Environmental and Land Use Litigation

A City municipal transit agency did not violate equal protection, substantive due process or state anti-age discrimination laws when it disfavored some taxi cab medallion holders from accessing lucrative airport pickups because, among other things, the law was rationally related to legitimate government interests. San Francisco Taxi Coal. v. City & Cty. of San Francisco

The Court of Appeal held that an agreement obligating a developer and city to indemnify LAFCO against claims arising from its annexation decision lacked consideration because the agreement simply required LAFCO to do what it was already obligated to do by statute. San Luis Obispo Local Agency Formation Commission v. City of Pismo Beach,

The Court of Appeal held that a landowner’s petition for “exclusion” under the Subdivision Map Act seeking orders declaring a parcel map void and restoring the historical lot lines was barred under the doctrine of laches. Decea v. City. of Ventura, 59 Cal. App. 5th 1097 (2021).

Decea bought a house in the Lake

An agency must prepare an environmental impact statement when it fails to address expert scientific evidence that undermines its conclusions about a project’s environmental effects. An agency also must prepare an EIS when there are substantial questions about whether a project will have a cumulatively significant impact. Bark v. U.S. Forest Service, 958 F.3d

A private landowner prevailed over a community association’s efforts to obtain a public recreational easement over trails because substantial evidence showed the landowner took bona fide steps to deter unauthorized users on the trails. Tiburon-Belvedere Residents United to Support the Trails v. Martha Company, No. A157073 (1st Dist., Oct. 23, 2020).

Before 1972, when

The Sixth District Court of Appeal held that a medical marijuana dispensary could recover its marijuana plants seized by law enforcement, finding that violation of the ordinance did not render medical marijuana plants “contraband” per se and subject to seizure.  Granny Purps, Inc. v County of Santa Cruz, 53 Cal.App.5th 1 (2020).

Under established caselaw,

The Third Appellate District held that the State Water Resources Control Board has the authority to issue temporary emergency regulations and curtailment orders which establish minimum flow requirements, regulate unreasonable use of water, and protect threatened fish species during drought conditions. Stanford Vina Ranch Irrigation Co. v. State of California, No. C085762 (3rd Dist., June 18, 2020)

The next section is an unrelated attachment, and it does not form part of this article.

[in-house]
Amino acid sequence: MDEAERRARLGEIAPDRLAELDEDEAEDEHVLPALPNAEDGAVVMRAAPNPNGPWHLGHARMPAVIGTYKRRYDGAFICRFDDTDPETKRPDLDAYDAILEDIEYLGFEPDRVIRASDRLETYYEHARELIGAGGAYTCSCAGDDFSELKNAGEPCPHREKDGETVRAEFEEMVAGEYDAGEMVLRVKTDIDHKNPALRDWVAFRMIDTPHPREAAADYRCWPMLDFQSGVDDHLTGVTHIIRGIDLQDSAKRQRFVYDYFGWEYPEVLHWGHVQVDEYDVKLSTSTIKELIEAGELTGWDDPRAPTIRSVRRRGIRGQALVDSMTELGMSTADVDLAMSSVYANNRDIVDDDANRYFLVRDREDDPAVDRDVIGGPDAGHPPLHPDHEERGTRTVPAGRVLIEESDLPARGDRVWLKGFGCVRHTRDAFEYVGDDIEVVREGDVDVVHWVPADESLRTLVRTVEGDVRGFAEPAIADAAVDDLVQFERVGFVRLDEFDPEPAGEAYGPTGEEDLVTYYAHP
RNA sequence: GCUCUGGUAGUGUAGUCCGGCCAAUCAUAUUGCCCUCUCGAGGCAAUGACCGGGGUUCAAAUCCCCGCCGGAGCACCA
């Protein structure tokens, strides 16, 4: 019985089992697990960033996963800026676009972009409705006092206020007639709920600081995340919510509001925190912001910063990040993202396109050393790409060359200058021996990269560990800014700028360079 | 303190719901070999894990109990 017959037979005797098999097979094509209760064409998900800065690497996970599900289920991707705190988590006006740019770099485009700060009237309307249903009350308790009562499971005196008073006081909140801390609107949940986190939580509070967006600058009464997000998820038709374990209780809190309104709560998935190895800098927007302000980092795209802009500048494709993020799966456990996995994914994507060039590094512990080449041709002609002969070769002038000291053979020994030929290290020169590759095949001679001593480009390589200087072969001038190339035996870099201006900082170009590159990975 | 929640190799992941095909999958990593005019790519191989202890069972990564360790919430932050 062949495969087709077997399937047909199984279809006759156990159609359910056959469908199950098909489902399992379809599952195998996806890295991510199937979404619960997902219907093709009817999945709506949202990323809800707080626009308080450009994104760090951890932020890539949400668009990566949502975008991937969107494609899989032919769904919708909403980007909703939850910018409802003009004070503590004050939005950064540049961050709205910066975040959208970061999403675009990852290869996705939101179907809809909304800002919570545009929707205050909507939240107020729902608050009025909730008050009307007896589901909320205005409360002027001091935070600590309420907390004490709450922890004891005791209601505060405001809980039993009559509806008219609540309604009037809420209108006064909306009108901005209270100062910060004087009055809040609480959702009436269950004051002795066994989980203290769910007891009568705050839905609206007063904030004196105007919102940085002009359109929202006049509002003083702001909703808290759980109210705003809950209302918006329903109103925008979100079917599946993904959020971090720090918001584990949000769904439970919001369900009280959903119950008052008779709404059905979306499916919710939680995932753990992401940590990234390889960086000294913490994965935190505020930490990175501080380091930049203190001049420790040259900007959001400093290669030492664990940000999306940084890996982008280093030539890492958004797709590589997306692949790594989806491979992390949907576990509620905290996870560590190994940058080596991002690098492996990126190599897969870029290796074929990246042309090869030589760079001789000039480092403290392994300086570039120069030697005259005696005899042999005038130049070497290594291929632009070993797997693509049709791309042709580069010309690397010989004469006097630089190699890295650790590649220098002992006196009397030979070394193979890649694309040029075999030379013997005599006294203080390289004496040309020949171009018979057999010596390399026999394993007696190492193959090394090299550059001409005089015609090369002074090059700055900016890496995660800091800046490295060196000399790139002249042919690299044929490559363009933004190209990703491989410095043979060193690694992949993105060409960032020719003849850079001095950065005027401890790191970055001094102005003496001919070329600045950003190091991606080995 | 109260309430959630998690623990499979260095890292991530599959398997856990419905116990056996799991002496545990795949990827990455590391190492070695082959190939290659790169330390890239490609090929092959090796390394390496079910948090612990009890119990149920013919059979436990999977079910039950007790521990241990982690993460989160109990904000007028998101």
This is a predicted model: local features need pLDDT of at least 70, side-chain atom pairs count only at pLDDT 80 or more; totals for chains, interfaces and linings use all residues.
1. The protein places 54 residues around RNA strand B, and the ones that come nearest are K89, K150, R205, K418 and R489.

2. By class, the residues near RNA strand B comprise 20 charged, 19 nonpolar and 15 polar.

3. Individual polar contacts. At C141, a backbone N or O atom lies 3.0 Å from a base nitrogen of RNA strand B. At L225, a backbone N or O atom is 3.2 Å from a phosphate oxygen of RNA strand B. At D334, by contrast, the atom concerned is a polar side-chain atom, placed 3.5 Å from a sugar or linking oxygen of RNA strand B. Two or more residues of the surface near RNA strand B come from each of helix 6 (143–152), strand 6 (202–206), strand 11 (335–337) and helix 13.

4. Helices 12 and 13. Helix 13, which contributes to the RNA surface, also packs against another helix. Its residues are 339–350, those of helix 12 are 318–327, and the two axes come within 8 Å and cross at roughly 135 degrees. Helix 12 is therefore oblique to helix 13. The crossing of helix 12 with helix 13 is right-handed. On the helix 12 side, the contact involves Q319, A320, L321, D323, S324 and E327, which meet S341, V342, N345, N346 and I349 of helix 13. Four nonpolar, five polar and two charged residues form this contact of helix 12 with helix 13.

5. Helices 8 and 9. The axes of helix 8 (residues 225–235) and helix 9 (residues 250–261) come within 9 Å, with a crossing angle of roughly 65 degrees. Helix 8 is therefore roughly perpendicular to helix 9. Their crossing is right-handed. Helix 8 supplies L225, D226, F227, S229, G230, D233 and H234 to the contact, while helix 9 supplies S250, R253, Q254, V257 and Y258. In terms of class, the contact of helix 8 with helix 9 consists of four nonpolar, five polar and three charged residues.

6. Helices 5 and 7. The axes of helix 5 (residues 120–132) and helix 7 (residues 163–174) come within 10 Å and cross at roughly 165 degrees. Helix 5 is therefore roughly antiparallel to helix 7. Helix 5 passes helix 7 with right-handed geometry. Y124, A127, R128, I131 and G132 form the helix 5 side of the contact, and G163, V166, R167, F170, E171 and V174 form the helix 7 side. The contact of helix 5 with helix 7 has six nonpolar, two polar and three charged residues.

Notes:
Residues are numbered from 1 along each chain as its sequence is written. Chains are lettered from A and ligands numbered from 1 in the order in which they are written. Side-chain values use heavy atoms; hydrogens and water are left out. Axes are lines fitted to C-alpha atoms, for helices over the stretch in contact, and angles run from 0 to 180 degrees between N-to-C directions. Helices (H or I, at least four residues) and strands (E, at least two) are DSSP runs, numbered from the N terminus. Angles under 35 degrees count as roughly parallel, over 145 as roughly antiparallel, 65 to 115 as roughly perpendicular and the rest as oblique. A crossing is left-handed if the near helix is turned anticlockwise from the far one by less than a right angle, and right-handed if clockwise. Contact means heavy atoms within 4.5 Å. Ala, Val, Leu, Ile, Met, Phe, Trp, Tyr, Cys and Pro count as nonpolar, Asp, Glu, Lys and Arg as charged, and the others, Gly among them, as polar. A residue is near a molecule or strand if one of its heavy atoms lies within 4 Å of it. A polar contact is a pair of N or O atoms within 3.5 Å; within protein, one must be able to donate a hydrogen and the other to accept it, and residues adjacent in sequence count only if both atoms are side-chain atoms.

During California’s severe drought period in 2014 and 2015, the State Water Board adopted emergency regulations and curtailment orders on three tributaries of the Sacramento River, including Deer Creek in Tehama County. The regulations were established pursuant to urgency legislation authorizing the State Water Board “to prevent the waste, unreasonable use, unreasonable method of use, or unreasonable method of diversion of water,” or “to require curtailment of diversions. . . .” Wat. Code, §1058.5. The regulations issued by the Water Board limited the diversion of water from Deer Creek for certain periods in order to maintain the required flow of water and protect Chinook salmon and steelhead trout, two threatened species affected by the drought during their migratory cycles.

Petitioner, a non-profit irrigation company that operates diversion dams and ditches for agricultural use in Deer Creek, filed suit challenging the regulations. Petitioner noted that it was entitled by a 1923 judicial decree to use roughly 66 percent of the flow of Deer Creek and argued that the Water Board was required to hold an evidentiary hearing before issuing and implementing the regulations. It further argued that the regulations resulted in a taking of its vested water rights and that the Water Board did not comply with due process under the federal and California constitutions.

The appellate court first found that the Water Board’s statutory authority under the urgency legislation was constitutionally valid and that the temporary emergency regulations were consistent with article X, section 2 of the California Constitution, which ordains conservation of water resources. The court also concluded that adoption of the regulations was not arbitrary, capricious, or lacking in evidentiary support.
Continue Reading State Water Board Has Authority to Implement Temporary Emergency Regulations Curtailing Water Diversions Without Prior Evidentiary Hearing

The court of appeal held that the City’s approval of mixed-used development projects was not an “artificial, arbitrary, or unnecessary barrier[]” to fair housing necessary to support disparate-impact claims under the FHA and FEHA.  AIDS Healthcare Foundation v. City of Los Angeles, No. B303308 (2nd Dist., June 15, 2020).

The City of Los Angeles

Nicholas Honchariw’s battles with the County of Stanislaus over his 9-lot subdivision have now resulted in a fourth published appellate decision. (See our prior reports, County Violates California’s Anti-NIMBY Law by Rejecting Housing Project With No Affordable Units; No Affordable Housing, No Attorney’s Fees Under Housing Accountability Act; and If At First You